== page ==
Those of you who have been reading my blog for a while might remember when I spent a few months doing recaps of a magnificent show called “Craft Wars.” Hosted by the one and only Tori Spelling, Craft Wars pitted crafters from around the country against each other in a high stakes craft-to-the-death.
The very first show I recapped was won by a woman named Andrea Currie — or, as I referred to her on the blog, “sweet, sweet Andrea.” Well, imagine my concern when I received an e-mail a week later from the woman herself, who signed it, “Sweet, Sweet Andrea.”
Luckily, she turned out to have an awesome sense of humor about her time on the show — as did all of the Craft Wars contestants I had contact with. They’re a strange and funny bunch, those crafters.
Fast-forward to a couple of months ago. I got an e-mail from Andrea asking me if I would be interested in participating in a Rainbow-tastic Blog Hop.
“Rainbow-tastic Blog Hop?” I said. “YOU HAVE MY FULL ATTENTION.”
Turns out, Andrea has launched a Kickstarter campaign to start a line of adorable, squishy, colorful little Paint Chip Pals. She invited me to join in by making a craft inspired by one of the Paint Chip Pals and then blogging about it.
Now, we all know that I am NOT a crafter. Andrea knows this too. Which is why she sent me step-by-step instructions on how to make my very own pom pom tree with the understanding that it might turn out to be a nightmare.
I decided to use Blooty as my inspiration, because of his sassy hair. He’s like a little blue Elvis, singing, “Don’t You Step On My Bloot Suede Shoes.” Following the wonderful directions Andrea sent me on how to make pom poms by hand, and a picture of what the hell a pom pom tree was supposed to look like, I got to work on Sunday night. It seemed so easy that I planned to have the tree and post done and ready to go by Monday morning.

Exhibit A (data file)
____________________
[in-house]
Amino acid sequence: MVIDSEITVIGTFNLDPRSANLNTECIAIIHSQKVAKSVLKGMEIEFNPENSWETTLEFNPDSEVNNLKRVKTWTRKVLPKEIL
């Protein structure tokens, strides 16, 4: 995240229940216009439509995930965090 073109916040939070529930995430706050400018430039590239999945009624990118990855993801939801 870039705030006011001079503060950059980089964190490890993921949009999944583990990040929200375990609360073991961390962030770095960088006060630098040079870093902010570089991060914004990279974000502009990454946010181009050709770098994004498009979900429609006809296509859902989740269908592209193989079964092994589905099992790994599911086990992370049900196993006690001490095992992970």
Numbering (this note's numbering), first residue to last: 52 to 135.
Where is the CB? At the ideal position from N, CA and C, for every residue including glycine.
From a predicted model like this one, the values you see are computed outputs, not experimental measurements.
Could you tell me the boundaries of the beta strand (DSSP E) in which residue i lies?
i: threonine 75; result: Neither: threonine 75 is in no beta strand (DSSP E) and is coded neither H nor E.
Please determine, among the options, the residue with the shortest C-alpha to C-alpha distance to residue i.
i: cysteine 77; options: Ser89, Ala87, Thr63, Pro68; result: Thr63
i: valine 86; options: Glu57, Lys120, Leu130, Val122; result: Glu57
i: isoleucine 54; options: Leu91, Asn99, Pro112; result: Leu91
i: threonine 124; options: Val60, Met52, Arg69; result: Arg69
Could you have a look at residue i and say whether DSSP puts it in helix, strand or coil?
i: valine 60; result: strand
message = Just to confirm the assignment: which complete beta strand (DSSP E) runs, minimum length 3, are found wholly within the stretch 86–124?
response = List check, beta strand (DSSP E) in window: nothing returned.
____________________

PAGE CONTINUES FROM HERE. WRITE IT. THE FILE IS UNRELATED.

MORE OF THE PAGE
That did not happen.
Here is my experience making a pom pom tree, and what I learned along the way:
Step one: Prepare
Buy needed materials in a foreign land named, “Joanne’s.” Feel like a goddamn hero for finding every single thing on the list.
Review the simple and straightforward directions.
Step Two: Humiliation
As I sat down to get started, I showed my husband the pile of yarn I bought and asked if it counted as a “skein.” He informed me that not only was I mispronouncing “skein,” but that I was also pulling the yarn from the wrong end of it.
I began to worry.
Step Three: The First Attempt
Step Four: Second Attempt, First Lesson
I successfully made my first pom pom. There was joy, and then sadness as I realized I had no idea how many times I had wrapped the yarn the first time, so I had no clue how to make the second one the same size. Measure twice, cut once — that shit is true.
Step Five: Take a Break
Farmville keeps the mind relaxed and limber.
Step Six: A Lesson In Time Management
Three pom poms completed in a little over an hour. Ooooooooh shit.
Step Seven: E-mail Andrea For An Extension
“Dear Andrea, I may have slightly under-estimated the time needed to complete my pom pom tree…”
Agony. Pain. Worry.
FINISHED. And with a whole new respect for pom pom-making and hot glue strings.
There it is: my Blooty-inspired pom pom tree!
It looks a great deal less cute then I imagined. My husband was a little less charitable, describing it as “a muppet with mange,” and, “what it looks like when Grover takes a dump.” But I’ll tell you what — I had fun doing it! No for serious, I did. Except for the sore scissor fingers. I have never used scissors enough to know that you could get sore fingers from them. But it is REAL. I almost had to tape up like Muhammad Ali just to finish this thing.
Anyway — I might not be tough enough to craft, but Miss Andrea certainly is! Check out the Paint Chip Pals today, donate to the Kickstarter campaign, AND, if you comment on any of the blogs involved in the blog hop you are entered to win a FREE Paint Chip Pal!! HUZZAH!